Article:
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Expatriation

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U.S. citizens and permanent residents pay income tax on their worldwide income.  If sufficiently wealthy, their worldwide assets are taxed when they die.  This is true no matter where they live. Every year, more and more people are relinquishing their U.S. citizenship or giving up their green card (permanent resident) visa status.

This means that they are leaving the U.S. tax net. As they leave, the United States seeks its last chance to impose tax. This is called the “exit tax.” Section 877A of the Internal Revenue Code.

If you are rich enough (as defined by the U.S. government) or your tax paperwork is not in order, the Internal Revenue Service pretends that you sold everything you own on the day before you relinquished your citizenship.  After applying an exemption amount ($651,000 in 2012) you pay tax on the “pretend” sale. The Internal Revenue Service pretends that you received all of your IRA balances on the day before you relinquished your citizenship.  That’s all taxable income to you.

There are a number of other special tax rules that may create an enormous tax liability to the United States, just because you gave up your U.S. citizenship or green card visa. Even if you are not rich (again, “not rich” is defined by the U.S. government, not by you), you will still face a mountain of tax paperwork that needs to be filed correctly and on time.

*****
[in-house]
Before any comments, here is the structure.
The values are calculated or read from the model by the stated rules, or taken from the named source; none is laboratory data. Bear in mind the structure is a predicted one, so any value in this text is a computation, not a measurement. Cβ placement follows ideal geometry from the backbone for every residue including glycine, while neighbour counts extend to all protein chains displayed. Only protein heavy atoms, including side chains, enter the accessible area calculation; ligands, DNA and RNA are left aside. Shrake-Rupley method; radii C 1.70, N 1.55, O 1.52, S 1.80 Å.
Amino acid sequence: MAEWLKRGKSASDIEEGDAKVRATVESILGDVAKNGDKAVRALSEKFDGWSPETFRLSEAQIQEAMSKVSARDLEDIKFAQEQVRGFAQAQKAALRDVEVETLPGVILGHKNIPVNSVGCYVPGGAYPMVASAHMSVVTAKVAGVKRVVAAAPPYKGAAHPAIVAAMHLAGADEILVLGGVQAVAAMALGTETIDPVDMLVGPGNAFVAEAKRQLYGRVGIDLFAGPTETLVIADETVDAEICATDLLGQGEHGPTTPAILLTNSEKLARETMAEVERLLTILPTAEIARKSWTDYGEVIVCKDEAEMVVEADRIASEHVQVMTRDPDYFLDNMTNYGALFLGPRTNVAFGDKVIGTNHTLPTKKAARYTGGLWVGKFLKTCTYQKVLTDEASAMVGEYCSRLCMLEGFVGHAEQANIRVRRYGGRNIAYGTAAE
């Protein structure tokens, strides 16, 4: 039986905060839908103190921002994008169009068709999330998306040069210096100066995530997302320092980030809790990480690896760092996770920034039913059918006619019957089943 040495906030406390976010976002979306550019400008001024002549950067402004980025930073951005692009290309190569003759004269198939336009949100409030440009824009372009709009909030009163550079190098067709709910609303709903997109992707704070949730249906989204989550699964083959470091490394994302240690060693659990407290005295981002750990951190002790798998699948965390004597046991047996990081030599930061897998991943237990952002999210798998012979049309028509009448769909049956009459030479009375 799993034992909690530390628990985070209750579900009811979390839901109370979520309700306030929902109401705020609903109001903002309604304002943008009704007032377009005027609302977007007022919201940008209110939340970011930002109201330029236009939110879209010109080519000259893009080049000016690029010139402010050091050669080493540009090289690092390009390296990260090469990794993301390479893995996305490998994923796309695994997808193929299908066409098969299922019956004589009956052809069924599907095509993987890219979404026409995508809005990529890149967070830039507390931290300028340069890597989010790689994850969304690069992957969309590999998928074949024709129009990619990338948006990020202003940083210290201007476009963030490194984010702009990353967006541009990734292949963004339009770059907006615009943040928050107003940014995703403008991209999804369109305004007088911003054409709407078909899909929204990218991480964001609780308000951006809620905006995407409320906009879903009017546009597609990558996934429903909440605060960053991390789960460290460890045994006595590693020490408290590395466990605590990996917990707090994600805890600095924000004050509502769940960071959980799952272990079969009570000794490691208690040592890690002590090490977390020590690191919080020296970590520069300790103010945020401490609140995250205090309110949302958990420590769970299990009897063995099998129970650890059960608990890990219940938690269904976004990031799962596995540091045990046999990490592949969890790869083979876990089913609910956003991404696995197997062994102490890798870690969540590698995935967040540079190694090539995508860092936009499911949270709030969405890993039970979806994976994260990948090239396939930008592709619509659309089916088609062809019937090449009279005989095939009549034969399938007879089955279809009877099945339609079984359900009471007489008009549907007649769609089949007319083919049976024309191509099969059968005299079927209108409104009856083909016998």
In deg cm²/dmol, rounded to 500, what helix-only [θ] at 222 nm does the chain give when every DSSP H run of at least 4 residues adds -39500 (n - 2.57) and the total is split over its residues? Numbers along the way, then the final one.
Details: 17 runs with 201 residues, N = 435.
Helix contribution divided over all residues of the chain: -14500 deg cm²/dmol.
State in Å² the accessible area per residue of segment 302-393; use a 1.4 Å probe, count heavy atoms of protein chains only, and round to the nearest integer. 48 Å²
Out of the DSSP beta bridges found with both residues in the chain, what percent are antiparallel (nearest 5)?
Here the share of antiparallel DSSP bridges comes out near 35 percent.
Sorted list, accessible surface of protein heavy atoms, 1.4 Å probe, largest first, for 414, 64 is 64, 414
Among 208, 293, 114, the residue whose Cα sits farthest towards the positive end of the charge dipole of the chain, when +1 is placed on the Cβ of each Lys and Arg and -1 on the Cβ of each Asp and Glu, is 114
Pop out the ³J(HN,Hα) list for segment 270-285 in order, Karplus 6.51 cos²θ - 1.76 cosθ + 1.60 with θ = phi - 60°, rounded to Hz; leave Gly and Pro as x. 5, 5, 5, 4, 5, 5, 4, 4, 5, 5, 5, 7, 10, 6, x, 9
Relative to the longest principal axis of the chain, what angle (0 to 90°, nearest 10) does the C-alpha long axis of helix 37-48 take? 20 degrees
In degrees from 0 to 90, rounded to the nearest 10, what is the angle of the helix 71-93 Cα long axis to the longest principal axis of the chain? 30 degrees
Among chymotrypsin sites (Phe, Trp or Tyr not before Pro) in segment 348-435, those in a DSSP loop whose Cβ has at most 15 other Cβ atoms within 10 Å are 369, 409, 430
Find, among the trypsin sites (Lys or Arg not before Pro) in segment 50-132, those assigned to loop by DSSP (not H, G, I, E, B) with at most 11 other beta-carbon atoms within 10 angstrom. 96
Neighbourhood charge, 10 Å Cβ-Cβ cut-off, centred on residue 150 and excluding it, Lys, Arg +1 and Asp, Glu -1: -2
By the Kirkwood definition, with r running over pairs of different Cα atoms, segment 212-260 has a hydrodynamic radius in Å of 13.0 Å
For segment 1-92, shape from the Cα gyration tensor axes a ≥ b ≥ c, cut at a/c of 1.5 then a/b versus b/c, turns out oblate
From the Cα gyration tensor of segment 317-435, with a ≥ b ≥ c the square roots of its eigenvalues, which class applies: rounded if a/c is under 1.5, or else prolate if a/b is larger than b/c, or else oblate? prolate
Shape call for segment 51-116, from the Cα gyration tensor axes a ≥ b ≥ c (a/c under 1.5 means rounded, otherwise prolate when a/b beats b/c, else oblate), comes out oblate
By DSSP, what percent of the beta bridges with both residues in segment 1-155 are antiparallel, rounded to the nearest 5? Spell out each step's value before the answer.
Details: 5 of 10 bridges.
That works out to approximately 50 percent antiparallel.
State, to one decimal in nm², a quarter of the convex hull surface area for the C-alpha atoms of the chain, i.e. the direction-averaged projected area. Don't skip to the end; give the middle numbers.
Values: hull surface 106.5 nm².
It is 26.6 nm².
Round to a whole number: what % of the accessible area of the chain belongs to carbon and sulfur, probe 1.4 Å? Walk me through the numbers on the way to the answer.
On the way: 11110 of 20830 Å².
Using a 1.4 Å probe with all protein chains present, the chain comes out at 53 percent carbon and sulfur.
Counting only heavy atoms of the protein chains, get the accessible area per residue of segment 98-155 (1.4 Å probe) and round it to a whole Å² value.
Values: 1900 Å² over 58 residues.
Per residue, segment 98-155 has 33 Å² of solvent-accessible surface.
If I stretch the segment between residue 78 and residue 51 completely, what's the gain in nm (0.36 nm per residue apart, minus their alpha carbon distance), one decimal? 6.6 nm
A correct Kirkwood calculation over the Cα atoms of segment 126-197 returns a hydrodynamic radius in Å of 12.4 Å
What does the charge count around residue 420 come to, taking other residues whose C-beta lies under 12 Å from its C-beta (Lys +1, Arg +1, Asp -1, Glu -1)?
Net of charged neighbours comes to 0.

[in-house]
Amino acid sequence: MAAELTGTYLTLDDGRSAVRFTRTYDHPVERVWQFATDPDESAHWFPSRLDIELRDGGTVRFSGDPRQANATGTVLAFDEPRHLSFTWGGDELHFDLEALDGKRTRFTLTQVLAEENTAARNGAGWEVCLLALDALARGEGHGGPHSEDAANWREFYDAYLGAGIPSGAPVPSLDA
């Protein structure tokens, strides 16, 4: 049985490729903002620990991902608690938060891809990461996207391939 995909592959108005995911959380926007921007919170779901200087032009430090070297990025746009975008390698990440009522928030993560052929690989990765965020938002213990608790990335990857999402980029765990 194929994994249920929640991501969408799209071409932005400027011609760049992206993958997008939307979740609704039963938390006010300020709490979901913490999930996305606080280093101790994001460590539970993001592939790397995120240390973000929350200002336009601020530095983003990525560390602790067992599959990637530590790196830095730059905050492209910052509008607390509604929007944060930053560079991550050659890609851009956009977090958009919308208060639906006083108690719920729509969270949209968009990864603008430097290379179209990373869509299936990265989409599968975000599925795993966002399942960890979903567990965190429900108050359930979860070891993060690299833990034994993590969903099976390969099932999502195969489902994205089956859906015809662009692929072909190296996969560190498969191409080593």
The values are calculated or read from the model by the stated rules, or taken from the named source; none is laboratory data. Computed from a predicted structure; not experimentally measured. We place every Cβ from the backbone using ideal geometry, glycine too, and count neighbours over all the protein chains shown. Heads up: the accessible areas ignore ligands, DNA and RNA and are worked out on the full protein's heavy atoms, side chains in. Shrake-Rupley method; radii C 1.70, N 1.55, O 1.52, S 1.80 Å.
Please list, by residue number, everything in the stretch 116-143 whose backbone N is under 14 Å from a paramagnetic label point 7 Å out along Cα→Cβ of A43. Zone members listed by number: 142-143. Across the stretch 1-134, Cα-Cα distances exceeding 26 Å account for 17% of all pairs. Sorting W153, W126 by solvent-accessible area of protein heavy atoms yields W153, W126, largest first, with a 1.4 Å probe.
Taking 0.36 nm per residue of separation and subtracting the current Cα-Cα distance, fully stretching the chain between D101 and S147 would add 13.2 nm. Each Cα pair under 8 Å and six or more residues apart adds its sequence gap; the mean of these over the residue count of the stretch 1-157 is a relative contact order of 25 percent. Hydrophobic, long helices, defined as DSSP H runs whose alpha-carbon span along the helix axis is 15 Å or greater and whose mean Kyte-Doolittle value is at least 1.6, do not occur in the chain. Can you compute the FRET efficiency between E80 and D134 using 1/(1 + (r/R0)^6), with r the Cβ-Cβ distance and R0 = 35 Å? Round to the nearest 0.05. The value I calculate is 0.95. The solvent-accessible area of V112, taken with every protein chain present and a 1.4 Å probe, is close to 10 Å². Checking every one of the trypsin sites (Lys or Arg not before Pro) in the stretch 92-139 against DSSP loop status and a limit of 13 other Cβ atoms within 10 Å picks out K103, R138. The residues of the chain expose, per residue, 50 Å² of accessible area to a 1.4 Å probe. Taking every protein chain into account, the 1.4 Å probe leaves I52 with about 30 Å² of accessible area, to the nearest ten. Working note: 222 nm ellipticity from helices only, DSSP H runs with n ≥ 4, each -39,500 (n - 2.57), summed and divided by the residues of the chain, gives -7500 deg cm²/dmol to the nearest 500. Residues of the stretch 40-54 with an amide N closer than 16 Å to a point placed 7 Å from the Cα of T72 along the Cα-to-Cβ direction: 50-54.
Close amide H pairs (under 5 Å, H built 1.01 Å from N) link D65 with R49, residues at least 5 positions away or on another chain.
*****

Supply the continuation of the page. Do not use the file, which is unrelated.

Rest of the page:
We know these tax rules, perhaps better than anyone else, because we counsel so many people throughout this process.  Let us help you – from your initial questions when you first consider this action, through the tax planning before you relinquish citizenship, and filing the tax returns afterwards.

Recent Articles on Expatriation

May 13, 2019

Exit Tax Book Chapter 5: Are You a Covered Expatriate?

There are two types of expatriates: covered expatriates, and non-covered expatriates. Covered expatriates must pretend that they sold all their worldwide assets on the day before expatriation and pay tax on the pretend gains. There…continue reading

April 5, 2019

Exit Tax Book Chapter 4: Paperwork for Expatriates

Last month, I discussed how long-term residents can become expatriates. Now I will overview the tax paperwork expatriates will need to file. All individuals who cease to be taxed as US persons file tax returns…continue reading

March 5, 2019

Exit Tax Book Chapter 3: How a Green Card Holder Becomes an Expatriate

Last month, I talked about citizens and how they can renounce their US citizenship. This month, I am focusing on another group of people who can become expatriates, known as long-term residents. “Long-term resident” is…continue reading

February 5, 2019

Exit Tax Book Chapter 2: How a U.S. Citizen Becomes an Expatriate

Last month, we covered a general overview of the exit tax, expatriation, and the distinction between covered and non-covered expatriates. We will now focus on the ways in which a US citizen can expatriate, and…continue reading

January 8, 2019

Exit Tax Book Chapter 1: A Quick Overview of the Exit Tax

Today’s topic: A quick overview of the exit tax The term “exit tax” is not used or defined in the Code or regulations anywhere. It is a shorthand to describe the federal law that requires…continue reading

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